Retro Review: The Flash: Rebirth

Writer: Geoff Johns

Artist: Ethan Van Sciver

Collects The Flash: Rebirth #1-6

As we revisit another modern classic from DC with “Rebirth” in the title, I must first make a confession: I, personally, had not read this particular story until now. Yes, I’ve always meant to get around to it and I’m very glad that I finally had the opportunity to do so. Much like Green Lantern: Rebirth, this is not only a fine read, but also a terrific primer on its titular character.

If you’re expecting to read a tale chronicling Barry Allen’s return to the land of the living you won’t get that here; that took place in Final Crisis, another title that gets a high recommendation from me. This story is more so about Barry reconnecting with the world and reintroducing many familiar concepts that one would expect from the Scarlet Speedster’s corner of the DC Universe. You will see what he means to other speedsters, superheroes, his family, the Central City Police Department, and to his city as a whole. Geoff Johns doesn’t fail to put a single aspect of this character under the microscope and his great love for all things Flash is unabashedly on full display.

Much like the aforementioned Green Lantern: Rebirth, this book is penciled by the one and only Ethan Van Sciver, whose artwork is nothing short of majestic. You should also expect to see A LOT of red and yellow. The good thing is that Brian Miller of Hi-Fi and Alex Sinclair not only make it work, but add an extreme sense of vibrancy to the colors.

No great superhero story is without conflict and I love how each bit of strife in this book smoothly segues into another. First you have Barry seemingly killing each speedster he touches before becoming the new Black Flash; his journey back is emotional and provides an organic reason for him to race Superman (why not play with whatever toys you have available?).  This then leads to a brilliant pseudo-scientific reason for the Reverse Flash’s return as well as detailing how he and Barry are inextricably linked.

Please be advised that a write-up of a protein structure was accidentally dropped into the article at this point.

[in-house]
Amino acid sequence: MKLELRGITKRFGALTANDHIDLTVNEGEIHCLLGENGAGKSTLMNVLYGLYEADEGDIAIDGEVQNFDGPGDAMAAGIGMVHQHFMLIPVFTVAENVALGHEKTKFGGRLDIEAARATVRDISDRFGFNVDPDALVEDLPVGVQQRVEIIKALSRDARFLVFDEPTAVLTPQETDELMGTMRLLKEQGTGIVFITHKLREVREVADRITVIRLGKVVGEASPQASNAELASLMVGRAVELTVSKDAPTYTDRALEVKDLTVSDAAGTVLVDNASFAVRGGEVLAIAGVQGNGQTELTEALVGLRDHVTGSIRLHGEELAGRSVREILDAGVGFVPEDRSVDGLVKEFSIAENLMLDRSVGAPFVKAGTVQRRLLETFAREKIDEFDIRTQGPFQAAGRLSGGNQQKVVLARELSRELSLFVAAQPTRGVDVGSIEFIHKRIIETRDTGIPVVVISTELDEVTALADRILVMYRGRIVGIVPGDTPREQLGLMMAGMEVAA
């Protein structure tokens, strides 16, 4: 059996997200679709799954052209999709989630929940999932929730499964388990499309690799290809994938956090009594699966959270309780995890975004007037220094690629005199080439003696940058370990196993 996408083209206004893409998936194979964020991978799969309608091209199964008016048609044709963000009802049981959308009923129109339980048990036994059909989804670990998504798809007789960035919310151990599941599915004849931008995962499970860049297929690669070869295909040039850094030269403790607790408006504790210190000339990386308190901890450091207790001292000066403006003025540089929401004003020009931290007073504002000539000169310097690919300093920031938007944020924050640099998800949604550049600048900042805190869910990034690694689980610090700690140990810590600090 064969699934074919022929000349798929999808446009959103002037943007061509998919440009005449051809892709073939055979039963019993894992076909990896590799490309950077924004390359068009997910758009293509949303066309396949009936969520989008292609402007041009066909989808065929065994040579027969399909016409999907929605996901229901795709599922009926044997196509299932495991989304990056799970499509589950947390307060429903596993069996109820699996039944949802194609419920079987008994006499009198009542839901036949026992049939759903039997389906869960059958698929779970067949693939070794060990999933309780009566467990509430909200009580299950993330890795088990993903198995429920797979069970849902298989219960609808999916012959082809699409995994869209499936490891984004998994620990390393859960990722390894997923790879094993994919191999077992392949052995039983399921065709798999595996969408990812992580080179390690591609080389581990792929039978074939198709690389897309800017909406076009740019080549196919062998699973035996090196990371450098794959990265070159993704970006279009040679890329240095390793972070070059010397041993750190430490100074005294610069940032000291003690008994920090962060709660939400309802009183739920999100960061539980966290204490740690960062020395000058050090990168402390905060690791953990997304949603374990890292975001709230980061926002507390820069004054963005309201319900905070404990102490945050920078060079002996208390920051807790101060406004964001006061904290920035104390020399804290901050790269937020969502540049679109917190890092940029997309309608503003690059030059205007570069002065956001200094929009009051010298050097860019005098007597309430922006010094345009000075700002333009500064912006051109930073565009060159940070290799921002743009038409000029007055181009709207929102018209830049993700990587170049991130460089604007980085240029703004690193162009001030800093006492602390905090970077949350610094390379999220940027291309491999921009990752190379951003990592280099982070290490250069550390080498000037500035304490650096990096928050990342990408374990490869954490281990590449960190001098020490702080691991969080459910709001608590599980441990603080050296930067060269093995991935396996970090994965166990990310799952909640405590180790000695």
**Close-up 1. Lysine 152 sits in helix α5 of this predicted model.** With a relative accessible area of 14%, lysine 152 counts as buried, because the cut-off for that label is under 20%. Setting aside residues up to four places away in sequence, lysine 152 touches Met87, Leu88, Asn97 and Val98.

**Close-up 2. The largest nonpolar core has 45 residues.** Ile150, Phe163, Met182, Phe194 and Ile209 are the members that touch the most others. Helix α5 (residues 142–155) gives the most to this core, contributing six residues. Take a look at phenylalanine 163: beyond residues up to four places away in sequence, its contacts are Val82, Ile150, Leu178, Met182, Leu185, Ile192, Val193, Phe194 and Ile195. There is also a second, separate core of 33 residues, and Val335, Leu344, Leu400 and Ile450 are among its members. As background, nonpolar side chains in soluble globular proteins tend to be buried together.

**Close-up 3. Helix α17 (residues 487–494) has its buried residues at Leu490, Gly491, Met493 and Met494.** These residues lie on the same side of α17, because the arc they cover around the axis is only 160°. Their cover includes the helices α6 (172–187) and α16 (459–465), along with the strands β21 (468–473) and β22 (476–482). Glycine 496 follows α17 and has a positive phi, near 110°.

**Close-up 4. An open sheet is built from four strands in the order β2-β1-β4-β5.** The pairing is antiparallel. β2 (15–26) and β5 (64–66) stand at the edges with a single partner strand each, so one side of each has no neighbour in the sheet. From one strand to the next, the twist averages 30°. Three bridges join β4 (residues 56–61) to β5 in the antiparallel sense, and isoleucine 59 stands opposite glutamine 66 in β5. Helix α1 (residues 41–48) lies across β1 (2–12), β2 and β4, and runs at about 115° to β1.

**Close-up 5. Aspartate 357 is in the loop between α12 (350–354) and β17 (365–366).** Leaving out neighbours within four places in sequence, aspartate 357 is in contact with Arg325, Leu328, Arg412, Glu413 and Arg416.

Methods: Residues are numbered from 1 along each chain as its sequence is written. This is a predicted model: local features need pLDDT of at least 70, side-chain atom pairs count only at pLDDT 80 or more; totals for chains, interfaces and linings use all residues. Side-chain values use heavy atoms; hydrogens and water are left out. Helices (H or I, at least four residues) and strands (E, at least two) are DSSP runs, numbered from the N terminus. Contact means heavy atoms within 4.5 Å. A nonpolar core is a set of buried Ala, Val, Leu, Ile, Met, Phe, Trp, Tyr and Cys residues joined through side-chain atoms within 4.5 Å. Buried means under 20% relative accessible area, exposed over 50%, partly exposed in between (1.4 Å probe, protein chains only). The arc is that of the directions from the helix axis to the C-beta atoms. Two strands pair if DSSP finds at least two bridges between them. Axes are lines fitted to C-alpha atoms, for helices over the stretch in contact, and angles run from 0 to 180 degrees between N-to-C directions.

Another point of interest is that this happens to be the story that revealed Eobard Thawne killed Barry’s mother as well as being responsible for other great misfortunes in his life. It made me sit back and say to myself, “This is one evil guy.”

The finale itself is one that only a Flash story – and one written by Geoff Johns, at that – can deliver. Let it also be known that the foundation for Flashpoint was laid here.

Supplemental material includes a foreword by Matt Cherniss, Geoff Johns’ story proposal, and an Ethan Van Sciver sketch gallery complete with commentary. It’s good stuff.

I advise that you pick this up not only because it’s a definitive Flash story, but also because you can see the great influence it’s had on the TV series. You should also look deeper into it as I suspect future plotlines will be lifted from this.

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